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Florida fatality numbers ‘worrisome’

By the end of April, more than two dozen people had died on Florida waters so far this year

By the end of April, more than two dozen people had died on Florida waters so far this year

On April 24, a Sanford man died in a personal watercraft accident on the St. Johns River, the 25th Florida boating fatality in a year in which deaths on state waters are occurring at a pace not seen for a decade.

“[The year] 1997 was the last time we saw numbers quite like this,” says Brian Rehwinkel, a boating and waterways analyst for the Florida Fish and Wildlife Conservation Commission. “Before that, 1992.”

The number is “10-12” ahead of last year’s pace. “That’s worrisome,” he says. “We haven’t even hit the big summer boating season yet.”

The most recent fatality was Christopher J. Lydon, 46, who died while driving a PWC with friends when their two PWC crossed paths. “It was a tragic and far too common accident,” Rehwinkel says. “[There were] two vessels, one turned, the other didn’t see him in time.”

Rehwinkel says there seems to be no common denominator to explain the spike in boating deaths except maybe Florida’s exceedingly dry spring. The accidents have been all over the state and of many different types.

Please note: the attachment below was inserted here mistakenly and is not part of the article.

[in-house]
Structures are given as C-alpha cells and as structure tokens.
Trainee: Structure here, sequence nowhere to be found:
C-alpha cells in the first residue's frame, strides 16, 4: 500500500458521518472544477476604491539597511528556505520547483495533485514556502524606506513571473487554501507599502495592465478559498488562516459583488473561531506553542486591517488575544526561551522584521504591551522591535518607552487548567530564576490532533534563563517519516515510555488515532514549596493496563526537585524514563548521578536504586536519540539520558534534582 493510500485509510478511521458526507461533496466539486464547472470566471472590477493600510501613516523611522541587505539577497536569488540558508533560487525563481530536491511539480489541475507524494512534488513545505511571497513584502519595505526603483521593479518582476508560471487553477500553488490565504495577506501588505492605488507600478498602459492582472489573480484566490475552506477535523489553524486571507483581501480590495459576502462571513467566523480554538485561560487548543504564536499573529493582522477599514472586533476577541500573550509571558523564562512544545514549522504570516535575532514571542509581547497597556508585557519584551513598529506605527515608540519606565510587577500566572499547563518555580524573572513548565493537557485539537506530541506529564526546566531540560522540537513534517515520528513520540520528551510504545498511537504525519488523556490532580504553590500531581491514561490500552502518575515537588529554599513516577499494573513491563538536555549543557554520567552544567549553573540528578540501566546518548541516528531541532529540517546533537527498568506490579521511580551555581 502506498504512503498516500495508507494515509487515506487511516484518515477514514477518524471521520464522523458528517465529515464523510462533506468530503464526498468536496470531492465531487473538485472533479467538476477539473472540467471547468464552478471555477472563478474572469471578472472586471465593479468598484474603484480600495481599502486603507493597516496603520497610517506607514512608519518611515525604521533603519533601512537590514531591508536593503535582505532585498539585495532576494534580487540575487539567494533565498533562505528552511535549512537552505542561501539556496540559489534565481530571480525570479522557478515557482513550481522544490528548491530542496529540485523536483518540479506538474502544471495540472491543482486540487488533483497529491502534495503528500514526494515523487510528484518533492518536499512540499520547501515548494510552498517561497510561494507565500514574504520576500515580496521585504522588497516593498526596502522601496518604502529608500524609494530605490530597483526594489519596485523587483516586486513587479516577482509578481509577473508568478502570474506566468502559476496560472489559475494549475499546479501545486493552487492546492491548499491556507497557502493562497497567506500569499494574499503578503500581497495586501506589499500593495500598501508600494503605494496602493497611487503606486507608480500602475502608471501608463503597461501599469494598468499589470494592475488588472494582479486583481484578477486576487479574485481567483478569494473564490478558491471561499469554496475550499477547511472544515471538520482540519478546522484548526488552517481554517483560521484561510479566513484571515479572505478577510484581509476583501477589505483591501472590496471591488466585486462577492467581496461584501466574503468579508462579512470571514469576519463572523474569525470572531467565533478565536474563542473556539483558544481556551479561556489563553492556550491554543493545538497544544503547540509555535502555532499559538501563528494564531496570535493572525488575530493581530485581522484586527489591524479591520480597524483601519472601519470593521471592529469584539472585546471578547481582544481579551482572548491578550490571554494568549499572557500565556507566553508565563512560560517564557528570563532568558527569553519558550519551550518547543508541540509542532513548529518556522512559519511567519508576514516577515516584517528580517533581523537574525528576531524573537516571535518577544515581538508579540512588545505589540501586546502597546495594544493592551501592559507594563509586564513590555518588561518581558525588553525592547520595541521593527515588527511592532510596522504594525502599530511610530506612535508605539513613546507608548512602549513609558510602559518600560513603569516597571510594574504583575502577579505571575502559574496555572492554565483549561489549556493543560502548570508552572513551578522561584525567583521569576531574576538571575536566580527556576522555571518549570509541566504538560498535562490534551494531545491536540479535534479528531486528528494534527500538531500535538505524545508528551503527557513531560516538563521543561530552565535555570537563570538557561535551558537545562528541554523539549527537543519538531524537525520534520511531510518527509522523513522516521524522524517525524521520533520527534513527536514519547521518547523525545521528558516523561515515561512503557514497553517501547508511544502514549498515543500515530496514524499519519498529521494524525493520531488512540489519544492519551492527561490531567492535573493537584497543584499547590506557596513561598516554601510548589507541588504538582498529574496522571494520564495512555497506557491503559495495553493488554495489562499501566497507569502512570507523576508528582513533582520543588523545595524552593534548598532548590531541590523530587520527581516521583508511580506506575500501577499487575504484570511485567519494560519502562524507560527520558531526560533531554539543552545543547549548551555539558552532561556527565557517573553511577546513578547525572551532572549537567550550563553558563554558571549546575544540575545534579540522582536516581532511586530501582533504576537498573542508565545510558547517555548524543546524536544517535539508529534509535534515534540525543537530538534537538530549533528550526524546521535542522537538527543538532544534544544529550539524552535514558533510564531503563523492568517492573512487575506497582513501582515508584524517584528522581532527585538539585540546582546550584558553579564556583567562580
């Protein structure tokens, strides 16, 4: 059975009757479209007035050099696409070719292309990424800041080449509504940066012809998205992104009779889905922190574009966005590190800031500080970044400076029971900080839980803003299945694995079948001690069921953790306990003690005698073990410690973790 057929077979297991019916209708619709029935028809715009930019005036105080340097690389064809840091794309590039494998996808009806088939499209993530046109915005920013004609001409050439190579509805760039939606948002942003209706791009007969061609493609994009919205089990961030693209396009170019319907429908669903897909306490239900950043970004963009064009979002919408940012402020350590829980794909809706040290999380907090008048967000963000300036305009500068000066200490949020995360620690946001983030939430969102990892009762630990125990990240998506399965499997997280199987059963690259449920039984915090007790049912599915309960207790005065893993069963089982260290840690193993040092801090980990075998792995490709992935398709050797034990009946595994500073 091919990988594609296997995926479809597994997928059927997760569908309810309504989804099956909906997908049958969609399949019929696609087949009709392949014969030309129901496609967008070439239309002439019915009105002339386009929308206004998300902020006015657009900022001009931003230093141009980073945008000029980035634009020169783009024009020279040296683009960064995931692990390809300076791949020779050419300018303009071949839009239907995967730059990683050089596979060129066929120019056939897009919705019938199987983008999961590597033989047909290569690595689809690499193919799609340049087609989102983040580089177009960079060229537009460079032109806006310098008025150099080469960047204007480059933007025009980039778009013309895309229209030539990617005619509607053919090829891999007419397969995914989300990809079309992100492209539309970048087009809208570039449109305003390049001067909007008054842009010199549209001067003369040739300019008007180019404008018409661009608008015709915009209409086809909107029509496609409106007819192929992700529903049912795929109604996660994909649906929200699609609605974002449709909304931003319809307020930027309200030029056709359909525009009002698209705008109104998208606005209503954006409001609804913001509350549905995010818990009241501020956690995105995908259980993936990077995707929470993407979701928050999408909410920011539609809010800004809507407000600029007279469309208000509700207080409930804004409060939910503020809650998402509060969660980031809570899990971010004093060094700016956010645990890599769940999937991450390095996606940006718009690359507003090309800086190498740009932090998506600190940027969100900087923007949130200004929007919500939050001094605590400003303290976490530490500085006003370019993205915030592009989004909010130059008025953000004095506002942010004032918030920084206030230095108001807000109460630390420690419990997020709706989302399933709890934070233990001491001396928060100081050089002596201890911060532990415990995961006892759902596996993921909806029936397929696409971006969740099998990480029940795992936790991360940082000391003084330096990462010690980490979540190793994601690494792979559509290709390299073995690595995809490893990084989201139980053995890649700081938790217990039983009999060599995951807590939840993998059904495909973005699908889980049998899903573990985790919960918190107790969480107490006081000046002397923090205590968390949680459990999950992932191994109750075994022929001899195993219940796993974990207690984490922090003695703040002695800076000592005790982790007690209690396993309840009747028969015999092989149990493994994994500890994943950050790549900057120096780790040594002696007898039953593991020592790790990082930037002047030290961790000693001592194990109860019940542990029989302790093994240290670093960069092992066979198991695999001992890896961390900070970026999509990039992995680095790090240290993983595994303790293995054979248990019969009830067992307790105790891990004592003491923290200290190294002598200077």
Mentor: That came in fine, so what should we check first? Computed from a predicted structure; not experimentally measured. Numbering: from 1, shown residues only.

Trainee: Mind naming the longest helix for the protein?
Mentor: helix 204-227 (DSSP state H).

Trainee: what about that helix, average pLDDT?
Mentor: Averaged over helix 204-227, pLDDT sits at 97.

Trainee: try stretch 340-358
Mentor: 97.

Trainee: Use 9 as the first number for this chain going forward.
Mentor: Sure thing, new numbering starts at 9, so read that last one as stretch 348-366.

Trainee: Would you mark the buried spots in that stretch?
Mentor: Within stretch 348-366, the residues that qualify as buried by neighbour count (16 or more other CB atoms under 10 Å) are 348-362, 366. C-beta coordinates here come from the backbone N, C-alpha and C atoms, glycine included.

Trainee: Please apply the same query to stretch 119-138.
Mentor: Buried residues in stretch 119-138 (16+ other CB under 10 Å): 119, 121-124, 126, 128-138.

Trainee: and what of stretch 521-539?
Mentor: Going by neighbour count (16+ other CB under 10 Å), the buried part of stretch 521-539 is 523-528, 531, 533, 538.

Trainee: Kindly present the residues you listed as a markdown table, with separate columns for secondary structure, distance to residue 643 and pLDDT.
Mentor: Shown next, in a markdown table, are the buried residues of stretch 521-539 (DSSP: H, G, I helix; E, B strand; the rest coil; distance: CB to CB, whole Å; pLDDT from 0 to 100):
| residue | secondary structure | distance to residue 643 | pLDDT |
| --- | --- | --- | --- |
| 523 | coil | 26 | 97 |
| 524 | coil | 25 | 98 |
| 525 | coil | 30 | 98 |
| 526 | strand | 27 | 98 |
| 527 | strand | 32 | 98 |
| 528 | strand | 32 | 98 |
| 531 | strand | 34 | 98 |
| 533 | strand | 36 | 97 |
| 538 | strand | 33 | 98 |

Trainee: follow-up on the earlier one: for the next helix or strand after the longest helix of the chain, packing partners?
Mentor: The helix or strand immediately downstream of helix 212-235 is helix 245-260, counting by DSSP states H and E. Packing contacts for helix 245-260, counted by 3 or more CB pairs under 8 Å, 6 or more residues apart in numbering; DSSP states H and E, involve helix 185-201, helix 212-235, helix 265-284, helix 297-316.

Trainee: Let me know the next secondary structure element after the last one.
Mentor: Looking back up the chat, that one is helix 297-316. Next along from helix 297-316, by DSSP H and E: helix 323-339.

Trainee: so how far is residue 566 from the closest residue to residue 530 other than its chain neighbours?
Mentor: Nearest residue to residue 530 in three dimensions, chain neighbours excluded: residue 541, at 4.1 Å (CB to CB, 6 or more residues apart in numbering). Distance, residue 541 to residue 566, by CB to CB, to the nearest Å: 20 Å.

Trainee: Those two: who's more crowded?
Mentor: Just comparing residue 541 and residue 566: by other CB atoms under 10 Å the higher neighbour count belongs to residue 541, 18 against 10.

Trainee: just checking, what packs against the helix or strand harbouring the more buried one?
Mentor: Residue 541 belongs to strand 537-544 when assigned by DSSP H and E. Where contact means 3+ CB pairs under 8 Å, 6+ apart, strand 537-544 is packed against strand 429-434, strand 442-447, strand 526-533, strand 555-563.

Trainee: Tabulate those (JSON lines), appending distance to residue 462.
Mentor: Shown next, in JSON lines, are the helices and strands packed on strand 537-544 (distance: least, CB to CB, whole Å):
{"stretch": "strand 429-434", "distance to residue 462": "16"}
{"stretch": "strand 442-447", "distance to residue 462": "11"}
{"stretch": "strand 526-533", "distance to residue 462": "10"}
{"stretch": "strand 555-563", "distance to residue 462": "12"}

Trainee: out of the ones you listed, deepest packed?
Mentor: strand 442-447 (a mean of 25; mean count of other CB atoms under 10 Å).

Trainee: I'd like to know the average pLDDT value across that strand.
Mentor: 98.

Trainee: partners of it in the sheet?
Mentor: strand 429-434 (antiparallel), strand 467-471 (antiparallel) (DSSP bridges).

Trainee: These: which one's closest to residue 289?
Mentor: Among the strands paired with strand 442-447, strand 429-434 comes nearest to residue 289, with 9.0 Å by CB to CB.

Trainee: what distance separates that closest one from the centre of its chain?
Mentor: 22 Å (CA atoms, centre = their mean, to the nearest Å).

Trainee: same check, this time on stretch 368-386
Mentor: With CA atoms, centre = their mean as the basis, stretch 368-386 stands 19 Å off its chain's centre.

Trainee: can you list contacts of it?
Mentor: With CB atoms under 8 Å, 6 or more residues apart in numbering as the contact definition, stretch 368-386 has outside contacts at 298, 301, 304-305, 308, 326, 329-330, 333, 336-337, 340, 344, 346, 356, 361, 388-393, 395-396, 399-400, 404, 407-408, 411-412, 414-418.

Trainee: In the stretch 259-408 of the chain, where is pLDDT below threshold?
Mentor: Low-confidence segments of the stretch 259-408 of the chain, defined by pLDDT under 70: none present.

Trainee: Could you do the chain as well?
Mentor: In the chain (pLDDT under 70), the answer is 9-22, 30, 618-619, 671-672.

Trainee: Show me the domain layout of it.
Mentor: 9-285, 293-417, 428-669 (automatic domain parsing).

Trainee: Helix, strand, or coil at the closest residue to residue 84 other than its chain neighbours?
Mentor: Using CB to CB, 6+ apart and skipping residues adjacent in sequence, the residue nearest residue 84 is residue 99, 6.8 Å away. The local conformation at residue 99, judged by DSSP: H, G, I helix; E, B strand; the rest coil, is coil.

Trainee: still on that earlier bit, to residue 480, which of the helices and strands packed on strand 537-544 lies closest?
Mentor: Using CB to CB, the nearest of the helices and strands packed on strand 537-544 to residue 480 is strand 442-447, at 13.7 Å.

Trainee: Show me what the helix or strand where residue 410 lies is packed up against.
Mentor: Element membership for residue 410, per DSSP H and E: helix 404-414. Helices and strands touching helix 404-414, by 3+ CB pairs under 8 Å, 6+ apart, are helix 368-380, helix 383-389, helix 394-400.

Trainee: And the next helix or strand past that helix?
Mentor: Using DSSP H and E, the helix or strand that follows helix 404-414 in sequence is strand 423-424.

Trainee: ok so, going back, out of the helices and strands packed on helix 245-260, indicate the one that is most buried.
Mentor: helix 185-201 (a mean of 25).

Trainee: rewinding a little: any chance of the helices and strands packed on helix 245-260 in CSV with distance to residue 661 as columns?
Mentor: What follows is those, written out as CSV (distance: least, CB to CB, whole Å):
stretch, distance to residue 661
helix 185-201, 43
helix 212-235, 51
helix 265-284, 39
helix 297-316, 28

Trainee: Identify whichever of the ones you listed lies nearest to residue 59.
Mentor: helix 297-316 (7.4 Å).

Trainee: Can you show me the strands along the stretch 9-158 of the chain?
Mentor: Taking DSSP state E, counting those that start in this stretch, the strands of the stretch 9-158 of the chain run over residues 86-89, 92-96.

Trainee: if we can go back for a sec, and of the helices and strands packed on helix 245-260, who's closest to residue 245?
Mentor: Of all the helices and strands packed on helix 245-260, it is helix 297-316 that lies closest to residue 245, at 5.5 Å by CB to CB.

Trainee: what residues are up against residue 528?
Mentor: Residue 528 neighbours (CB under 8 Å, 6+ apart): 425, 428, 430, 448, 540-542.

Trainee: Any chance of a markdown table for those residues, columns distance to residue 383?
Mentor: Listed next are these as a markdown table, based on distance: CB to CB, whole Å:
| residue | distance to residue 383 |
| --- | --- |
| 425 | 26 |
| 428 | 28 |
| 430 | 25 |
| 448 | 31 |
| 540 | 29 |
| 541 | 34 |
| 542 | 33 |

“We are having a drought,” he says. “There have been a lot of good, sunny boating weekends so far this year. Maybe there were just more people out on the water early this year.”

The FWC has found year in and year out that the two biggest factors in boating fatalities are failure to wear a life jacket and failure to keep a good lookout — paying attention to what’s going on around the boat.

Three-hundred-sixty-degree awareness is essential. “If you see someone bow-riding, get them off the bow,” he says. “If you see someone approaching recklessly, get out of the way. Don’t wait for him to make the first move. In shallow water, be careful. Look for divers.”

Many accident victims drown, even though they can swim or are close to shore or the boat. Trauma, surprise or confusion disable them, Rehwinkel says. He estimates that just 5 percent of adults wear a life jacket on the water in Florida. “It’s a very low percentage,” he says.

This summer FWC will join the National Safe Boating Council in a “Wear it, Florida” campaign to increase life jacket wear rates.

He says the campaign will encourage boaters to wear their life jackets voluntarily. “Do it for yourself; do it for your family; do it for your friends,” he says. FWC plans to hold drawings for life jackets, offer special discounts on them and try to raise the visibility of inflatable life jackets, belt pack inflatables especially. He says these are the most wearable and least likely to get in the way when they’re worn because they fit into a pouch on a belt. They automatically inflate in the water but still require wearers to have the presence of mind to slip the inflated chamber over their heads after the jacket inflates.

Rehwinkel says statistics don’t lie. “The ones who wear their life jackets all the time stand a better chance of surviving [an accident],” he says.